I think it's a natural feeling. But it's probably a sign that you're doing too much active facilitation at the moment. I realize they're asking for the projects, and you're doing the good-unschooling-mom thing by responding and facilitating. But if you're left feeling you've done most of the work and they don't really care about following through, it's probably a sign that you're facilitating too actively for what they really need just now. Perhaps your active facilitation has turned it into something that in their minds is no longer about their interests but more about you. Even though yes, they asked you to help, now it feels like you own the endeavor, and that has taken the wind out of their sails. Or perhaps they didn't really want to do whatever it was much in the first place: it just sounded kind of neat so they spoke it out loud but really if they'd thought it through they'd have realized they didn't really want to put any energy into it. Or maybe they were enthusiastic, but it took time to procure materials and come up with a plan, and they've moved on: the interest was just a flash in the pan.
I know I was sometimes guilty of fanning a spark of interest too vigorously ... and extinguishing it. When kids are not appreciating the fanning I think it's helpful to just back off and leave a bit more up to them. The longer they want something, the harder they have to work for it, the more they'll be invested in it and more effort they'll put into seeing it through. The worry for the parent, of course, is of missed opportunities. What if that interest in seed germination passes because I didn't jump on it, and a valuable learning opportunity is lost forever? Am I being lazy by not responding, or putting my kid off? And it's true, there will be lots of little interests expressed in passing that will just fizzle out. But really -- that happens, as you're seeing, even when you do jump on interests. And some won't fizzle just because they experience a little benign parental neglect. If the child has to put a little intent and persistence into making them happen, she's far more likely to be invested in her learning.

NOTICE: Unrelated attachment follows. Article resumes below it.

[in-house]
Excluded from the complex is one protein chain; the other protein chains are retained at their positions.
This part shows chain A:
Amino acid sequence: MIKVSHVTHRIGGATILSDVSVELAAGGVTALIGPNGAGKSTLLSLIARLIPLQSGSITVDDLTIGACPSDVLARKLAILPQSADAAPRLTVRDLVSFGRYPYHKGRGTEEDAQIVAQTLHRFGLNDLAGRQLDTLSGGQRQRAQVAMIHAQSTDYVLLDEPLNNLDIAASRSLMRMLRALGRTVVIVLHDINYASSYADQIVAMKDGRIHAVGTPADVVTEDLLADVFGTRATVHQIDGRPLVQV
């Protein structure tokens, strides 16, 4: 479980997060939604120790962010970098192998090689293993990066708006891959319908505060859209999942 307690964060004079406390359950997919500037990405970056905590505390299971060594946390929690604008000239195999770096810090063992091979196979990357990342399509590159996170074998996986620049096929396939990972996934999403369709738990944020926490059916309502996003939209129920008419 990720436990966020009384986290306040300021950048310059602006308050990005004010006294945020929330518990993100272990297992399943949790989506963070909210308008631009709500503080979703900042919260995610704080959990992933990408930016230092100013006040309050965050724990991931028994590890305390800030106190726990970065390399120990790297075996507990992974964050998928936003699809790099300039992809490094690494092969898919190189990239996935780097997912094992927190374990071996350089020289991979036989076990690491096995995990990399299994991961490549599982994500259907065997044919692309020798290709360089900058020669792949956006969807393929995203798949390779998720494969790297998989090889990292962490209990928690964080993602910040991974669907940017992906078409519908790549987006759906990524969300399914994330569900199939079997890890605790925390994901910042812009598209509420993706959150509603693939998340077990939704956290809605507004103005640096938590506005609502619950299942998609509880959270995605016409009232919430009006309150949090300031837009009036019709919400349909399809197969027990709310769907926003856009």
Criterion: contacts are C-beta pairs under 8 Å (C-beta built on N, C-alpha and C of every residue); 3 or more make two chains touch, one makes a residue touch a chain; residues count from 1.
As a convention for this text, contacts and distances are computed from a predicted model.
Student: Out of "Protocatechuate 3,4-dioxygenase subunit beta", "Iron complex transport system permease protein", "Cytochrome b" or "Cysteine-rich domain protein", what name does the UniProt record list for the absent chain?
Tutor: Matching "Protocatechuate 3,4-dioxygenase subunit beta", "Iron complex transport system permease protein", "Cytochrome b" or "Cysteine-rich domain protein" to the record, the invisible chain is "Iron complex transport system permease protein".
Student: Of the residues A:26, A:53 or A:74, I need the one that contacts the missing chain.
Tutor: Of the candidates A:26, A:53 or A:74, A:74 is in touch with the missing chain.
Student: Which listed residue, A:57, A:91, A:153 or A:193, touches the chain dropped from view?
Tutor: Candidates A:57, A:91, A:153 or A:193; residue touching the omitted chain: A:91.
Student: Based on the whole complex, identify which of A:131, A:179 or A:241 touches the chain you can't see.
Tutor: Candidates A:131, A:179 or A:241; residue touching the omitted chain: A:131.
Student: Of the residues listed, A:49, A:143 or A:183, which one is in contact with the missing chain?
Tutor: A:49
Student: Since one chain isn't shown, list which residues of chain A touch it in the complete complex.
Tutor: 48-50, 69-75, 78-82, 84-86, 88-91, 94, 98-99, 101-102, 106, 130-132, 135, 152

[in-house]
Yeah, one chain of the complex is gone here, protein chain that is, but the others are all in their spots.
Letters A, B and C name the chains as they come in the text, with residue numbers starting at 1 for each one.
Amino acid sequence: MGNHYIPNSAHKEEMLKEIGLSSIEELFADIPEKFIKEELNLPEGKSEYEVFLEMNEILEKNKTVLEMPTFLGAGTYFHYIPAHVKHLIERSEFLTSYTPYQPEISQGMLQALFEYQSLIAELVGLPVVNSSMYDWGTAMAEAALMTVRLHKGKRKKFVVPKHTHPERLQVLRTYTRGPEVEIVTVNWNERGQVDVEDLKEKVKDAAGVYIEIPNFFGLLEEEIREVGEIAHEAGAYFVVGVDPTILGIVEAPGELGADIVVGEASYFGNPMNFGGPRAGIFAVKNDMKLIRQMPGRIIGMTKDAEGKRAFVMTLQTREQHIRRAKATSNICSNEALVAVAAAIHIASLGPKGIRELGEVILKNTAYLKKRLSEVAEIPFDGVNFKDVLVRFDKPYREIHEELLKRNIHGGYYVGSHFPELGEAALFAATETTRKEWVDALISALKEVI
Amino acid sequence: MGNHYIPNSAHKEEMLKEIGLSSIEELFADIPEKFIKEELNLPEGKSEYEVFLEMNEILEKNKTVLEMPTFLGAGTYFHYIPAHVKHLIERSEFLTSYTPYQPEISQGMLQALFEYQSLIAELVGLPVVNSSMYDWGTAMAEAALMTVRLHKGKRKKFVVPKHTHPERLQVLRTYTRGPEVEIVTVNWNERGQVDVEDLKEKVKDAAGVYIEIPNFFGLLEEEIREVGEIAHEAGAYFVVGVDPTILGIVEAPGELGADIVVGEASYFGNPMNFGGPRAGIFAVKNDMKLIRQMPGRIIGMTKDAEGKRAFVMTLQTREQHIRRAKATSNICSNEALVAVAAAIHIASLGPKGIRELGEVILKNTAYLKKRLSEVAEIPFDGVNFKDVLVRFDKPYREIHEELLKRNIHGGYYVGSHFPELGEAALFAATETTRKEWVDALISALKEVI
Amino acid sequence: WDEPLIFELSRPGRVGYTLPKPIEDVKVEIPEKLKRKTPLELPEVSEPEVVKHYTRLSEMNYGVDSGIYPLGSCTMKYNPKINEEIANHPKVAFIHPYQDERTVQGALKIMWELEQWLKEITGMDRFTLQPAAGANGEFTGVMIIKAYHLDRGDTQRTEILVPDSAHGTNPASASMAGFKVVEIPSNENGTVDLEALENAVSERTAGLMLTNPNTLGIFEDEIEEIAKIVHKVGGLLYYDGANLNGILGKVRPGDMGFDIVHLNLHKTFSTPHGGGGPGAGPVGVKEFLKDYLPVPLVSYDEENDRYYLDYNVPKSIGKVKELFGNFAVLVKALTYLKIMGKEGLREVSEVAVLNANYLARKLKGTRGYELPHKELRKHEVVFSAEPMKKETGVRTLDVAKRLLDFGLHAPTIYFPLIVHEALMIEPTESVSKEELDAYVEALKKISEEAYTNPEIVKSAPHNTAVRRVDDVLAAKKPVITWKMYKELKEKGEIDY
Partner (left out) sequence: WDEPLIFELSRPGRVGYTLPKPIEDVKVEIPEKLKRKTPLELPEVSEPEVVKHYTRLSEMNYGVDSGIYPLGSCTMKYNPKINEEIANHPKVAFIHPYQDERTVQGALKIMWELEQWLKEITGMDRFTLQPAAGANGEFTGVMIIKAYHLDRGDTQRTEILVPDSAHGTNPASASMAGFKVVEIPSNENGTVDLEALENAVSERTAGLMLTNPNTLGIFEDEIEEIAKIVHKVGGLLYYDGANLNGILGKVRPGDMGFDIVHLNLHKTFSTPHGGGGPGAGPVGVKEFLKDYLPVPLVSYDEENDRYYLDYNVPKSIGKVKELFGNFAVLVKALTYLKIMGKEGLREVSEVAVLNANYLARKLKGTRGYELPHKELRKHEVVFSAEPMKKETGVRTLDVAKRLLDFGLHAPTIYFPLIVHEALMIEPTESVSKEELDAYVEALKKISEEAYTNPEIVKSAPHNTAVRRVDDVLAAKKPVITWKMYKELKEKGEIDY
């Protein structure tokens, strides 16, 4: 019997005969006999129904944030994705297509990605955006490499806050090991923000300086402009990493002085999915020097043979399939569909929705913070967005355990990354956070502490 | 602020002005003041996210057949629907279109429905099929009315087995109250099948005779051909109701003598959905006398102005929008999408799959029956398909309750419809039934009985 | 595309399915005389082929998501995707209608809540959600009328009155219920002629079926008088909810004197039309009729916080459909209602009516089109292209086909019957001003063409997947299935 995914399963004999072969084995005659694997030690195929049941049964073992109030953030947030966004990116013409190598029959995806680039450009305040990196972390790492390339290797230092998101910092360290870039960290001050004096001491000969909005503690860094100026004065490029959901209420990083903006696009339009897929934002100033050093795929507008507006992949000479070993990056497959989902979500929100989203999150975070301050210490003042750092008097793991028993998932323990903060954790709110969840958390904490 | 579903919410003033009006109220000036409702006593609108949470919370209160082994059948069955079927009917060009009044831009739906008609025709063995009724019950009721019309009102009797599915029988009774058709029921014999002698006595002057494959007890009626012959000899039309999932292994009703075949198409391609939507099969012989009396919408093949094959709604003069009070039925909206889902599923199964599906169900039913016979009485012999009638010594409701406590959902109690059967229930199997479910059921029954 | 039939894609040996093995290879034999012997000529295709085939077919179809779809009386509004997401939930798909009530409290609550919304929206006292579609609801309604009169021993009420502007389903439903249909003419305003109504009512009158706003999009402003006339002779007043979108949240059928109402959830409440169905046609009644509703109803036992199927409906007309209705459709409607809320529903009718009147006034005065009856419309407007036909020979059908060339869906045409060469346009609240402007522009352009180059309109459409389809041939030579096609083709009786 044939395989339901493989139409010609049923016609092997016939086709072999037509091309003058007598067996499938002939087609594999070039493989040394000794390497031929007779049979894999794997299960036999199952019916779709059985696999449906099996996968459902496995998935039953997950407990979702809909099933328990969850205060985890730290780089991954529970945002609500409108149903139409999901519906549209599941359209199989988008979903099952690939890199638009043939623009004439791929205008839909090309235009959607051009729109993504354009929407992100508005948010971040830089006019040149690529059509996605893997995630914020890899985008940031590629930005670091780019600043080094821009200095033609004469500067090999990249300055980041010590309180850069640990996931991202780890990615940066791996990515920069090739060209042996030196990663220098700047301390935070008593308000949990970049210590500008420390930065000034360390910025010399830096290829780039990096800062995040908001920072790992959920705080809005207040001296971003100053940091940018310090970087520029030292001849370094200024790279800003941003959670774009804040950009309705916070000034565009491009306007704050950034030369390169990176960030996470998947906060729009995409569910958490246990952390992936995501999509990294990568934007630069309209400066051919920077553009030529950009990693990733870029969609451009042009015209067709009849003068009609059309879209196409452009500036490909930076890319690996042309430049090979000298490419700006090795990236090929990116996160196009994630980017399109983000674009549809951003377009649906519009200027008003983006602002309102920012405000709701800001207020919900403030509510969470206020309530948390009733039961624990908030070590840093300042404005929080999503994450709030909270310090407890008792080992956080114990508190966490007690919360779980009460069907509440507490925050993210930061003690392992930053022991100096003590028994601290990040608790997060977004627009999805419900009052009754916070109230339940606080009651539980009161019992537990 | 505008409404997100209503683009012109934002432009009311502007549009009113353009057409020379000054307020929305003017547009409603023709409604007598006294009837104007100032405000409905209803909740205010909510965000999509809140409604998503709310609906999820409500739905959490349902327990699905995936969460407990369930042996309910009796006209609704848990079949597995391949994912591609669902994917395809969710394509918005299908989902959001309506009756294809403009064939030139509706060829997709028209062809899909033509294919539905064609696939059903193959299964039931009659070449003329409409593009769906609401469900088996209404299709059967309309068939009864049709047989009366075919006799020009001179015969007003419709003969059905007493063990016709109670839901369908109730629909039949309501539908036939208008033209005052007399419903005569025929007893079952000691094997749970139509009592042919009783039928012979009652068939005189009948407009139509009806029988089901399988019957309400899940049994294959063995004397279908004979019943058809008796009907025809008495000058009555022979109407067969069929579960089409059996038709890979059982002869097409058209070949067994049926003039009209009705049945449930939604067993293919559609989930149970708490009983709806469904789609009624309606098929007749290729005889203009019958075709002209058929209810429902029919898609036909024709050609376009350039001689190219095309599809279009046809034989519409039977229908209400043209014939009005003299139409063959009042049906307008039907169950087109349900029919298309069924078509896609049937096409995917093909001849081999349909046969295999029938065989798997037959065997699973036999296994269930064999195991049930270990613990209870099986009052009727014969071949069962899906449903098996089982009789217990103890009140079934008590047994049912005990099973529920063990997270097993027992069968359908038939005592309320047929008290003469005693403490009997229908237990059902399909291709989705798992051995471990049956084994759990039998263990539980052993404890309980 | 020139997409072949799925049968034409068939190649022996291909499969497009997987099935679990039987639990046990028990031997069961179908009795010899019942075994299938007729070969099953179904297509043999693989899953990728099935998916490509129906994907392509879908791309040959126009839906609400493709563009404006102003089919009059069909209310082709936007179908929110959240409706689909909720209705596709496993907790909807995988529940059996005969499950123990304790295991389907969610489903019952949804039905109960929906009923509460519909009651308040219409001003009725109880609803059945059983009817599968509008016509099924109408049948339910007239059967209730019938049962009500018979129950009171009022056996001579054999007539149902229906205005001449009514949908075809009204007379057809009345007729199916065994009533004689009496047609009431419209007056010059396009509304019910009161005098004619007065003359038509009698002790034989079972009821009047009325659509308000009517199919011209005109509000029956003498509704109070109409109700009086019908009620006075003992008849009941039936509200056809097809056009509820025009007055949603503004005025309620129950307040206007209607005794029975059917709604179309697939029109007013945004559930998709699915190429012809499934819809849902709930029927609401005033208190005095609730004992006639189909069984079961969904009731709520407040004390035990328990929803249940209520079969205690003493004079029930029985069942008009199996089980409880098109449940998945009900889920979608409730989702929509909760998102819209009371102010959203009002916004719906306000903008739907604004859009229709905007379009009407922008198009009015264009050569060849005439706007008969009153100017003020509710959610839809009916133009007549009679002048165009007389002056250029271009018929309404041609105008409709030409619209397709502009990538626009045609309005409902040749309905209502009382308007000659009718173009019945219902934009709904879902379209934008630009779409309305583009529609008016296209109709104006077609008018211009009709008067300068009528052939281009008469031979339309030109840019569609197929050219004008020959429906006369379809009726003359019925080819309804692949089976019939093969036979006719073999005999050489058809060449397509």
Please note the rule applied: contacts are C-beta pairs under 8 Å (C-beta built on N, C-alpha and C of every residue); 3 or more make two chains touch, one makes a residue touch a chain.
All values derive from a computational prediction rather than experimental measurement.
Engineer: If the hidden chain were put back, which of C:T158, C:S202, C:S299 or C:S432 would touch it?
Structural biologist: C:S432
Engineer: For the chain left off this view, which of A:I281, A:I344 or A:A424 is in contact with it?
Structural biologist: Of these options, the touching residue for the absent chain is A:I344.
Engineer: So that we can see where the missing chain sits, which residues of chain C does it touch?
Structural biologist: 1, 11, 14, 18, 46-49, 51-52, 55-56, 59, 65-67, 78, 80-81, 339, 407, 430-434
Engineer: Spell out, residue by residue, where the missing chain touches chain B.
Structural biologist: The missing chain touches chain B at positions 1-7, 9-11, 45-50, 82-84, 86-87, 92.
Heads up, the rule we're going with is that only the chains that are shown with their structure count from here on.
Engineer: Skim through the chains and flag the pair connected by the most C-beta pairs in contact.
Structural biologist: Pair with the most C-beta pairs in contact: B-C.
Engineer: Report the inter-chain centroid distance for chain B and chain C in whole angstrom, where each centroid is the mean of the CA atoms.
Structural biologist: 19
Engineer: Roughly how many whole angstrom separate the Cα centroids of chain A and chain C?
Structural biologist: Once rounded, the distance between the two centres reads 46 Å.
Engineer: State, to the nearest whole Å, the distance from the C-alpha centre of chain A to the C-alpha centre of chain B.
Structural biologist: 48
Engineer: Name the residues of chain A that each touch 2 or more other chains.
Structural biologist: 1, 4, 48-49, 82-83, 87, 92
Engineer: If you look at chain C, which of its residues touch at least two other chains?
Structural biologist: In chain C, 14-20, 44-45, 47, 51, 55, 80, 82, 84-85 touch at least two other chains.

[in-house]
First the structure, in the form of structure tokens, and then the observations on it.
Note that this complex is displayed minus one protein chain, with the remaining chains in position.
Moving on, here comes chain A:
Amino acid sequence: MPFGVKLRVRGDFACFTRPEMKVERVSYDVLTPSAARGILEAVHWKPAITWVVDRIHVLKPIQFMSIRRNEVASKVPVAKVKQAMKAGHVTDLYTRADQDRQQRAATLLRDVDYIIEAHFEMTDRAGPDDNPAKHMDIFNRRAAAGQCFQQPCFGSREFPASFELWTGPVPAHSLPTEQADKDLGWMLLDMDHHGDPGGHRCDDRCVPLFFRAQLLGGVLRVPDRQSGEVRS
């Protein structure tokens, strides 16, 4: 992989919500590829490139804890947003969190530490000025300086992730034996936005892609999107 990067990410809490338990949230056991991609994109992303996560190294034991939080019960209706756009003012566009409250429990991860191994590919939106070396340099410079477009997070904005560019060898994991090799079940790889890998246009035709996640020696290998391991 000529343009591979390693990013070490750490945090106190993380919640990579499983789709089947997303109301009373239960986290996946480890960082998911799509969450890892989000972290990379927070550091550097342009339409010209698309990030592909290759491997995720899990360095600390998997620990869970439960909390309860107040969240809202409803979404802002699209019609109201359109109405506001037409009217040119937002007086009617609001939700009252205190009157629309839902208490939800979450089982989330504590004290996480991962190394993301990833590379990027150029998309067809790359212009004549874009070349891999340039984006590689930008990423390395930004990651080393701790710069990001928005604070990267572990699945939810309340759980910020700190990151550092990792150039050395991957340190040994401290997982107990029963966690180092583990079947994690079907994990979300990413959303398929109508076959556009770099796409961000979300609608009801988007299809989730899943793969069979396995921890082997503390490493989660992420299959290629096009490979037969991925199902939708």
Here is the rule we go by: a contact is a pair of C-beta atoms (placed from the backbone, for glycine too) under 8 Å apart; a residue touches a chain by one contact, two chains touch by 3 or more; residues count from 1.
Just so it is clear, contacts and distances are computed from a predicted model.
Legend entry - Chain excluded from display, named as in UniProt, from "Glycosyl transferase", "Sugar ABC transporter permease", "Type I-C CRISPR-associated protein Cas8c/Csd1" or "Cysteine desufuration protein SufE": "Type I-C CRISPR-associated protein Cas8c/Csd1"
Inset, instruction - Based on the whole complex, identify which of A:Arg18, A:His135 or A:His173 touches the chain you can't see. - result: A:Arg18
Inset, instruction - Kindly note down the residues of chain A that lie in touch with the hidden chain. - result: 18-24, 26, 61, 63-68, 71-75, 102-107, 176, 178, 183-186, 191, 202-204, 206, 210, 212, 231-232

So if your kids say "We want to grow a herb garden" or something, you might consider saying "Oh, okay. Sounds cool." And just leaving it at that. Two days later you might hear "Mom, I said we wanted to grow herbs!" with a whiny help-me kind of overtone. And then you might ask some guiding questions, but still not step in to plan and organize: "On the kitchen windowsill? Or outside? What kind of herbs do you want to grow, anyway? Have you figured out what you want to use for pots?" Just gently volley the ball back into their court.
So unless the project holds intrinsic enjoyment for me, I try to make sure there is some persistent organizational energy coming from my child, and it's not mostly falling to me to prepare and organize. If the project does interest me, I sometimes choose to facilitate it with eagerness -- but only if it's something I know I'll enjoy finishing up on my own. For instance, right now I'm in the middle of a bunch of shibori dyeing. Younger dd had been introduced to shibori in an art class and was interested in doing more of it. I loved the idea and suggested doing a quilt with shibori sampler squares. She was eager, did a bit, then lost interest. But I'm really happy finishing up without her.
So yeah. Less active organization, more of a low-key facilitation. Or if you do actively organize, make sure you've made your peace with the possibility of finishing it all up yourself.